29:09
Lines and Planes

37m 54s

Intro
0:00
Lines and Plane
0:36
Example 1
0:37
Example 2
7:07
Lines in IR3
9:53
Parametric Equations
14:58
Example 3
17:26
Example 4
20:11
Planes in IR3
25:19
Example 5
31:12
Example 6
34:18
Section 4: Real Vector Spaces
Vector Spaces

42m 19s

Intro
0:00
Vector Spaces
3:43
Definition of Vector Spaces
3:44
Vector Spaces 1
5:19
Vector Spaces 2
9:34
Real Vector Space and Complex Vector Space
14:01
Example 1
15:59
Example 2
18:42
Examples
26:22
More Examples
26:23
Properties of Vector Spaces
32:53
Properties of Vector Spaces Overview
32:54
Property A
34:31
Property B
36:09
Property C
36:38
Property D
37:54
Property F
39:00
Subspaces

43m 37s

Intro
0:00
Subspaces
0:47
Defining Subspaces
0:48
Example 1
3:08
Example 2
3:49
Theorem
7:26
Example 3
9:11
Example 4
12:30
Example 5
16:05
Linear Combinations
23:27
Definition 1
23:28
Example 1
25:24
Definition 2
29:49
Example 2
31:34
Theorem
32:42
Example 3
34:00
Spanning Set for a Vector Space

33m 15s

Intro
0:00
A Spanning Set for a Vector Space
1:10
A Spanning Set for a Vector Space
1:11
Procedure to Check if a Set of Vectors Spans a Vector Space
3:38
Example 1
6:50
Example 2
14:28
Example 3
21:06
Example 4
22:15
Linear Independence

17m 20s

Intro
0:00
Linear Independence
0:32
Definition
0:39
Meaning
3:00
Procedure for Determining if a Given List of Vectors is Linear Independence or Linear Dependence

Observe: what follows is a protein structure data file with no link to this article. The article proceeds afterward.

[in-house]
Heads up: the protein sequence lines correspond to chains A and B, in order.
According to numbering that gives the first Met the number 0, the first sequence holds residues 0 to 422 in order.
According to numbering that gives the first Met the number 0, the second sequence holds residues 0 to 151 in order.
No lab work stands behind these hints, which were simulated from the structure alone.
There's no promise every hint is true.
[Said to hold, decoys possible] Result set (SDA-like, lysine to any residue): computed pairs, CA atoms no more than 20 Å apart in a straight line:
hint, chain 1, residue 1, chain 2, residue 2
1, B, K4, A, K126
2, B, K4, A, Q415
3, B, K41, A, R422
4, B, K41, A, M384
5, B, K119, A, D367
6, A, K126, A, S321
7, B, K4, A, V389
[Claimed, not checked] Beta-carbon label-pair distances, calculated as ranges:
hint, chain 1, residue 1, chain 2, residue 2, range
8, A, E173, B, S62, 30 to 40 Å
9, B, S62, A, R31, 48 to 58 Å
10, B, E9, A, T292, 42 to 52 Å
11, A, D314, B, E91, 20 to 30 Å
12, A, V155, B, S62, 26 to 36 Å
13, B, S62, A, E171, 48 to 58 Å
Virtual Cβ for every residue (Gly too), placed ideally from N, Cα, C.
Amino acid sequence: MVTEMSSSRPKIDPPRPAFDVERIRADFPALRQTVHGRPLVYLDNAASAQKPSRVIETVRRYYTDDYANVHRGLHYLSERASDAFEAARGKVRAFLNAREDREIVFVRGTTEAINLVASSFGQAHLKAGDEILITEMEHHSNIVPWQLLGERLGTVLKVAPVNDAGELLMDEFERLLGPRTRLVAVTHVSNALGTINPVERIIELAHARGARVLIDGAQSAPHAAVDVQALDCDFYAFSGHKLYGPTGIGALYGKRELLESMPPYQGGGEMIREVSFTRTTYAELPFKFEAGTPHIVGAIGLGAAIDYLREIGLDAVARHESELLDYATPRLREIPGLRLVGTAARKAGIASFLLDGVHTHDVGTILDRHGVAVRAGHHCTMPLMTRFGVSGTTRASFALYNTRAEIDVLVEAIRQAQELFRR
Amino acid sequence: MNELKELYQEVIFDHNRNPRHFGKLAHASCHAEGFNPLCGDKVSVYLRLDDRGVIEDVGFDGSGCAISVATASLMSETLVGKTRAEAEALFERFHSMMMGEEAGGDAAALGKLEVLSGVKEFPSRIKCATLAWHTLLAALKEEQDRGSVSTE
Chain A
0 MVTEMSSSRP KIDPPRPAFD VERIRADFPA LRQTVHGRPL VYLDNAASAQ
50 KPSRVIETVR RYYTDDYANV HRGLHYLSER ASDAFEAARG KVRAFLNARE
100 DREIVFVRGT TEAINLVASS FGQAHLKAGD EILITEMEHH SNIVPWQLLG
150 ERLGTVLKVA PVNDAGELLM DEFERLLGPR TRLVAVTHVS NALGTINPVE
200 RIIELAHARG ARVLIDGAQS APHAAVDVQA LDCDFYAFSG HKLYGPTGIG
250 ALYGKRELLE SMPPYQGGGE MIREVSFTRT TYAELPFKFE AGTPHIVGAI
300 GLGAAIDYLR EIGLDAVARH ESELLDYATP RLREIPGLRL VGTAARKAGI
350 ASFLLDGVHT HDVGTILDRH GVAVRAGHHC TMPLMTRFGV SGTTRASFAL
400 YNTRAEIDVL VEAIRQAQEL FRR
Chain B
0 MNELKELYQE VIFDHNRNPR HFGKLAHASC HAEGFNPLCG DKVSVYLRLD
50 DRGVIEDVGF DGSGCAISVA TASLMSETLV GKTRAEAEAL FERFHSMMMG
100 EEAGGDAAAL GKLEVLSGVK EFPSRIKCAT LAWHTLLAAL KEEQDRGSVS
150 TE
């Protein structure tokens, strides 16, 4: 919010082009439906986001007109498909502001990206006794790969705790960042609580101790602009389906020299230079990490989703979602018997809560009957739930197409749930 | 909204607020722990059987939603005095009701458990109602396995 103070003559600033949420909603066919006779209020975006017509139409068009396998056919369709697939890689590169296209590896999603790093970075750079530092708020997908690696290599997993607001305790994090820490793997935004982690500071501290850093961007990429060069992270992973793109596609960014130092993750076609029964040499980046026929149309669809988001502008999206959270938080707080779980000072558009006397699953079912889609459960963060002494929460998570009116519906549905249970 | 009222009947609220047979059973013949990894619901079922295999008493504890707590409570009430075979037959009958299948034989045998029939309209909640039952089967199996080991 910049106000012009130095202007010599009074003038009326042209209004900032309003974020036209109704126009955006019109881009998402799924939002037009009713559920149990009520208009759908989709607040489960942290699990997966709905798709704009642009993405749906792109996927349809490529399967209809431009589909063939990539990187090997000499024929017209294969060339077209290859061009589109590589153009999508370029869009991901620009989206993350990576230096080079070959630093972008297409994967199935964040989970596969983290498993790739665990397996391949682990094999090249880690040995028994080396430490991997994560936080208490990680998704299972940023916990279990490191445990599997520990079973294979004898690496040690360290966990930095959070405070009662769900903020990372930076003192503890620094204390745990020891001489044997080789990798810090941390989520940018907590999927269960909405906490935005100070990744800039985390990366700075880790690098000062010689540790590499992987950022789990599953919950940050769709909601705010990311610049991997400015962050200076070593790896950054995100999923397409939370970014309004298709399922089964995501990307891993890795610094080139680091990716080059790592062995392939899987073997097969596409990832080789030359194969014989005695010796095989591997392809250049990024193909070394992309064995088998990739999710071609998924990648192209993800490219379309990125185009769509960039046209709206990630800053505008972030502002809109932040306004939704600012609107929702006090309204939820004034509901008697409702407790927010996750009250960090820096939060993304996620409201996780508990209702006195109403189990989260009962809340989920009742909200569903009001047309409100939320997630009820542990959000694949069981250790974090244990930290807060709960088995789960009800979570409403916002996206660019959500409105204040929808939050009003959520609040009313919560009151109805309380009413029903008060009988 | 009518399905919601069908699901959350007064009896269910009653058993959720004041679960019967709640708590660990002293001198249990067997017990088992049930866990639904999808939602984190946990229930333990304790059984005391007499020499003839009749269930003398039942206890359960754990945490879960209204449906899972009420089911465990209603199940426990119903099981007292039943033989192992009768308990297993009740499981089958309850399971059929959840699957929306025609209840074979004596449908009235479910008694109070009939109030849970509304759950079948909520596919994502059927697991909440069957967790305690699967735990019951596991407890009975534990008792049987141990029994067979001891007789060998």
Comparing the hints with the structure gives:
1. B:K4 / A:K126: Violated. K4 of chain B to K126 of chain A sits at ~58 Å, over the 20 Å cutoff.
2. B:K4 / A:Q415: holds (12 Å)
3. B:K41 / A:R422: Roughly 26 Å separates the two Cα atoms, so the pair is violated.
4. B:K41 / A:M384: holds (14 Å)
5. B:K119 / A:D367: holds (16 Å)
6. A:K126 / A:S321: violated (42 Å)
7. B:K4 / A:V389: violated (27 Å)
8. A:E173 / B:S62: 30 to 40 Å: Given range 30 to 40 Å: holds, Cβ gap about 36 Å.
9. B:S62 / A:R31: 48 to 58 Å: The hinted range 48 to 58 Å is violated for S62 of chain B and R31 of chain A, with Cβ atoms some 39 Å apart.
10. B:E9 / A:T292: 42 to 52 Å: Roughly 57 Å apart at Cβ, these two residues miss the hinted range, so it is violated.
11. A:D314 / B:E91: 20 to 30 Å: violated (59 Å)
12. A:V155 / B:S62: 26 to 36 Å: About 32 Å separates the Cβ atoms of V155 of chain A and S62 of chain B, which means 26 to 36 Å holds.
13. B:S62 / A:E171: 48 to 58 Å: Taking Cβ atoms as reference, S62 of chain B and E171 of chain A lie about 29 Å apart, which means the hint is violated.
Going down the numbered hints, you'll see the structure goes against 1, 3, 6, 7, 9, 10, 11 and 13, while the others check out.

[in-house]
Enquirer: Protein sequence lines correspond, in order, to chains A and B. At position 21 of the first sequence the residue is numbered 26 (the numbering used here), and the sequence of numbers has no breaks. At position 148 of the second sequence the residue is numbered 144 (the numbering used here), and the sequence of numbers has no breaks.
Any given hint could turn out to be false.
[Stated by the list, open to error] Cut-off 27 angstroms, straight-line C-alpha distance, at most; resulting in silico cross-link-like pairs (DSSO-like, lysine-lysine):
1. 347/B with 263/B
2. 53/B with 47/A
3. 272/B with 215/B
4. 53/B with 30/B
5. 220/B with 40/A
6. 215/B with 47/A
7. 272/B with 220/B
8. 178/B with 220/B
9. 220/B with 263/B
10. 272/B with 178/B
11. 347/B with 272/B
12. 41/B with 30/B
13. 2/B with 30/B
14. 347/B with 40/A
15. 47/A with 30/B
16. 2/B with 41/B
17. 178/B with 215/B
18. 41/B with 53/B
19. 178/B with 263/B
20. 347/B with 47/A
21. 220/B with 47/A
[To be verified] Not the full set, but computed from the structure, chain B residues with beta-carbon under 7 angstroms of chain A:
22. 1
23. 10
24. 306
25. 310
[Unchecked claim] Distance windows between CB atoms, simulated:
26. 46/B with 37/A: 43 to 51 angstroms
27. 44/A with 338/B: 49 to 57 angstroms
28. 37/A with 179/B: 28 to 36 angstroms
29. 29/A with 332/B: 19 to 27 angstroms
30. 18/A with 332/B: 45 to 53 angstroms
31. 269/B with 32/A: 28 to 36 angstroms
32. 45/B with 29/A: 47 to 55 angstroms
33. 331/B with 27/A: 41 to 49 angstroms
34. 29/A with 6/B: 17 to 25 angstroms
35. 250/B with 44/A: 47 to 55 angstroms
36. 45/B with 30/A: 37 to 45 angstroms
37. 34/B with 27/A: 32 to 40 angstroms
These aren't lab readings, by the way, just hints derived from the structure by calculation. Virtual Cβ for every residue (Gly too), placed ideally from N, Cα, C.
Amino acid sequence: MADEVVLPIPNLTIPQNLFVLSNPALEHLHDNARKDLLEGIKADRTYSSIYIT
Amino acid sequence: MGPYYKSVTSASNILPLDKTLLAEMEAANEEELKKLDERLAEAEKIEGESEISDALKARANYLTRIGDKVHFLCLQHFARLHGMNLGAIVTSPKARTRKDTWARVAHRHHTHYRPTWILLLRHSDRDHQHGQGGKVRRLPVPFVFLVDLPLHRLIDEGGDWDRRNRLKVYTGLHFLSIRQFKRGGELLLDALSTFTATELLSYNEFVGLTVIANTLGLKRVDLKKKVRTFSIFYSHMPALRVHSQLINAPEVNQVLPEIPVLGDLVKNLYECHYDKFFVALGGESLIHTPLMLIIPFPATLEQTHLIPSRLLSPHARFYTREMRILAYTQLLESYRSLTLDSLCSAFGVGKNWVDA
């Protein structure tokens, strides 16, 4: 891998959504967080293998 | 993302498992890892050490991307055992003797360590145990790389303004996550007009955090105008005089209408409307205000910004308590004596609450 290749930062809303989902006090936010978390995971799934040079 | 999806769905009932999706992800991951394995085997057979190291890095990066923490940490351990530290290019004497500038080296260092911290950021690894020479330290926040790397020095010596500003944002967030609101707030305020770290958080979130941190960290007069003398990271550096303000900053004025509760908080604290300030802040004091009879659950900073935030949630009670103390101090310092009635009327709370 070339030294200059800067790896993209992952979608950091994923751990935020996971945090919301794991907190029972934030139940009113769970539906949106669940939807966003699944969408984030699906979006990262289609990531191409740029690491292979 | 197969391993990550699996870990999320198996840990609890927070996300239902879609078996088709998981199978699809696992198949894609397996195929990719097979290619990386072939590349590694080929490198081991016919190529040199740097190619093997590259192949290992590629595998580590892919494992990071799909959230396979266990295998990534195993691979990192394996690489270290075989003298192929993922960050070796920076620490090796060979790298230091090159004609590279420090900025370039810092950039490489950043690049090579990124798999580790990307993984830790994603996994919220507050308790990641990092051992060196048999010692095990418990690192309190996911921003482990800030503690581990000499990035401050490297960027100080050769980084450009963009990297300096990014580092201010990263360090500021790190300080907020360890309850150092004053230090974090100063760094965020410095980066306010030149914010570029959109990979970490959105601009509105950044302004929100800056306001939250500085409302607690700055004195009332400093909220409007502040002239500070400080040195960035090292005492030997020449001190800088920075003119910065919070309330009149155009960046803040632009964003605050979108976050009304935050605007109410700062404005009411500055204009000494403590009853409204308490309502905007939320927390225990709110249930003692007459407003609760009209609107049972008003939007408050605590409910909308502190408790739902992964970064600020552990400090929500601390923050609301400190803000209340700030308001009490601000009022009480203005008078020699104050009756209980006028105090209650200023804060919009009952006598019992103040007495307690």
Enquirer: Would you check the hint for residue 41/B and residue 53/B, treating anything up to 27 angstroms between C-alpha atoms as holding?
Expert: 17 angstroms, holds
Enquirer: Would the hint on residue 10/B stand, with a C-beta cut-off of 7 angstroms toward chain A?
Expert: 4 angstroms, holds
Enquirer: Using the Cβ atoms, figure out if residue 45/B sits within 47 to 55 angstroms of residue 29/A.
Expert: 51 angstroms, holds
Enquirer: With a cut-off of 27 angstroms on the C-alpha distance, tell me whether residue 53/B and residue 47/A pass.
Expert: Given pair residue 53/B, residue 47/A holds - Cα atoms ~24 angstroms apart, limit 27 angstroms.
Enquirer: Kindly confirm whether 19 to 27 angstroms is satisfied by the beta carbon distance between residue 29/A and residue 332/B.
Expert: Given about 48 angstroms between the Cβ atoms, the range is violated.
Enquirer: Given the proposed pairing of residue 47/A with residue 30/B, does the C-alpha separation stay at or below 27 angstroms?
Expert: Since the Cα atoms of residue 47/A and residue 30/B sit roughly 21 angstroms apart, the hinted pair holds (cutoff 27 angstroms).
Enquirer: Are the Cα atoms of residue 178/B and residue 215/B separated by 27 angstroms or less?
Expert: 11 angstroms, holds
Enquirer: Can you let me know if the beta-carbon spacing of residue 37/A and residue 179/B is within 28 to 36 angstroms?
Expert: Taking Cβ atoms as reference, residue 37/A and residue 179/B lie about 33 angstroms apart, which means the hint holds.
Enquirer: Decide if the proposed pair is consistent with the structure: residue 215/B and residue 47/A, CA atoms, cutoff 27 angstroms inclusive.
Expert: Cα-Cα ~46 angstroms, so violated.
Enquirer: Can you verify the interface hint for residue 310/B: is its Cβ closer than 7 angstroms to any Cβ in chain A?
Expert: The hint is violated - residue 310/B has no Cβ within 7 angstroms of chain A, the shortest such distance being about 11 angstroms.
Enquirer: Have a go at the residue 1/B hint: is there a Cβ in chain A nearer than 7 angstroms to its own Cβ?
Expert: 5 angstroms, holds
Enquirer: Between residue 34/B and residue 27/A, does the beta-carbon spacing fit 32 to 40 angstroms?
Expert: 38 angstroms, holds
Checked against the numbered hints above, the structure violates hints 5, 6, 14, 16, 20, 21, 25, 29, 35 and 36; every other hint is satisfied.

5:00
Example 1
7:21
Example 2
10:20
Basis & Dimension

31m 20s

Intro
0:00
Basis and Dimension
0:23
Definition
0:24
Example 1
3:30
Example 2: Part A
4:00
Example 2: Part B
6:53
Theorem 1
9:40
Theorem 2
11:32
Procedure for Finding a Subset of S that is a Basis for Span S
14:20
Example 3
16:38
Theorem 3
21:08
Example 4
25:27
Homogeneous Systems

24m 45s

Intro
0:00
Homogeneous Systems
0:51
Homogeneous Systems
0:52
Procedure for Finding a Basis for the Null Space of Ax = 0
2:56
Example 1
7:39
Example 2
18:03
Relationship Between Homogeneous and Non-Homogeneous Systems
19:47
Rank of a Matrix, Part I

35m 3s

Intro
0:00
Rank of a Matrix
1:47
Definition
1:48
Theorem 1
8:14
Example 1
9:38
Defining Row and Column Rank
16:53
If We Want a Basis for Span S Consisting of Vectors From S
22:00
If We want a Basis for Span S Consisting of Vectors Not Necessarily in S
24:07
Example 2: Part A
26:44
Example 2: Part B
32:10
Rank of a Matrix, Part II

29m 26s

Intro
0:00
Rank of a Matrix
0:17
Example 1: Part A
0:18
Example 1: Part B
5:58
Rank of a Matrix Review: Rows, Columns, and Row Rank
8:22
Procedure for Computing the Rank of a Matrix
14:36
Theorem 1: Rank + Nullity = n
16:19
Example 2
17:48
Rank & Singularity
20:09
Example 3
21:08
Theorem 2
23:25
List of Non-Singular Equivalences
24:24
List of Non-Singular Equivalences
24:25
Coordinates of a Vector

27m 3s

Intro
0:00
Coordinates of a Vector
1:07
Coordinates of a Vector
1:08
Example 1
8:35
Example 2
15:28
Example 3: Part A
19:15
Example 3: Part B
22:26
Change of Basis & Transition Matrices

33m 47s

Intro
0:00
Change of Basis & Transition Matrices
0:56
Change of Basis & Transition Matrices
0:57
Example 1
10:44
Example 2
20:44
Theorem
23:37
Example 3: Part A
26:21
Example 3: Part B
32:05
Orthonormal Bases in n-Space

32m 53s

Intro
0:00
Orthonormal Bases in n-Space
1:02
Orthonormal Bases in n-Space: Definition